The strategic opportunity of risk in the transportation industries

The transportation sector’s intimate relationship with the global economy means that its modern practitioners face risks that are influenced by factors such as

  • increasingly complex markets
  • commercial alliances
  • transient workforces
  • disparate regulatory frameworks
  • the inexorable march of technology
  • geopolitical shifts

Far from isolated in silos, these fluid factors then interact with each other in complex ways that are difficult to understand, much less predict.

By its nature, supply chains are complex environments, a tangled web of alliances, uneasy partnerships, regulation and third-party dependence. The recent collapse of Hanjin Shipping starkly illustrates the scale of what can happen when things go wrong.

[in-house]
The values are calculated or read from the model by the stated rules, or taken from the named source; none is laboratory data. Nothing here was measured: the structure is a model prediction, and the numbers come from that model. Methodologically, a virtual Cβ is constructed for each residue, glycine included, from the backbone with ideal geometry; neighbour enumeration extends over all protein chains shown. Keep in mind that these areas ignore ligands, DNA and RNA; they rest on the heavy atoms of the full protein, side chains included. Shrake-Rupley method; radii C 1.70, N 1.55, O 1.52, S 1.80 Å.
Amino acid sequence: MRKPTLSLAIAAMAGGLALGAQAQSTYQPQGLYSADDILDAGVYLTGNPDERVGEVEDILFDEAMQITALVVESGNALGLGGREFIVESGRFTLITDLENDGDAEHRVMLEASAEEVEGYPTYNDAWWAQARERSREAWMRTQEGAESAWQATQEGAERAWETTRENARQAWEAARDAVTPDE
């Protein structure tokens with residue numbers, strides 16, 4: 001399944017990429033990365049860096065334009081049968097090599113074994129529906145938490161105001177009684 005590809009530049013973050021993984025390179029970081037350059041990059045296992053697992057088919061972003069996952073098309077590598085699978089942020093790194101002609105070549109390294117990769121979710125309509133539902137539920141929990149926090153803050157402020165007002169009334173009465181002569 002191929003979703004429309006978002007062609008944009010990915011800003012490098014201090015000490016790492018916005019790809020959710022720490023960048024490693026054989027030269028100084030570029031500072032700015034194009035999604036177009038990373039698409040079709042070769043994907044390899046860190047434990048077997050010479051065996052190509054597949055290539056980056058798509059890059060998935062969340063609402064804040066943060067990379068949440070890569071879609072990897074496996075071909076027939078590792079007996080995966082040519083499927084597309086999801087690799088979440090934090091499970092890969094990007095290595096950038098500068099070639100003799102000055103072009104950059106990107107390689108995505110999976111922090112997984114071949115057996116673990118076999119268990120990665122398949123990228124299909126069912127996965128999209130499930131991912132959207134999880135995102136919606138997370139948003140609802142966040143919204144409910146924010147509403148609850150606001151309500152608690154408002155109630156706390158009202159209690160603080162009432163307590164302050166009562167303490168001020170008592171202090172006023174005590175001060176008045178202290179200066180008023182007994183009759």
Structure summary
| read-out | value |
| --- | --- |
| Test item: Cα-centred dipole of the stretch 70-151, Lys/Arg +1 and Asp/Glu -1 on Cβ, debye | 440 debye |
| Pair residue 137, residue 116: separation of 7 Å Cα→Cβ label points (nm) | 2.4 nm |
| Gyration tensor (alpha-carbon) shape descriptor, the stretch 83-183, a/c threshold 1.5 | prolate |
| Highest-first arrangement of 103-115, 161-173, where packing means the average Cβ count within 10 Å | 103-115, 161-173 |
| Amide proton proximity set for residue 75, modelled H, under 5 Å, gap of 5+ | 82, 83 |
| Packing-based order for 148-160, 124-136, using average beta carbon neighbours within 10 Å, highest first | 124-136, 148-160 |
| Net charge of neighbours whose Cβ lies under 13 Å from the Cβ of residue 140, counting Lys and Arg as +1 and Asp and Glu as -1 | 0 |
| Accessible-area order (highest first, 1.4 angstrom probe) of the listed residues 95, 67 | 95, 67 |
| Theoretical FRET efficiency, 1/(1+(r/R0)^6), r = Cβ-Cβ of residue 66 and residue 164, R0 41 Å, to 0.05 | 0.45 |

To better understand the hazards and opportunities inherent in the dynamic transport landscape, we asked 350 of the industry’s most senior executives to rank the threats over a 10-year horizon, across the air, land and sea transport sectors.

The results, detailed in our Transportation Risk Index, unveiled a risk landscape that was increasingly complex, interconnected and regionally distinct. The responses reveal an environment in which global solutions are unlikely.

However, one consistent theme was the opportunity that arises when you fully understand your risk profile and are among the first to demonstrate that it is in hand. Under those conditions, risk is a path to growth.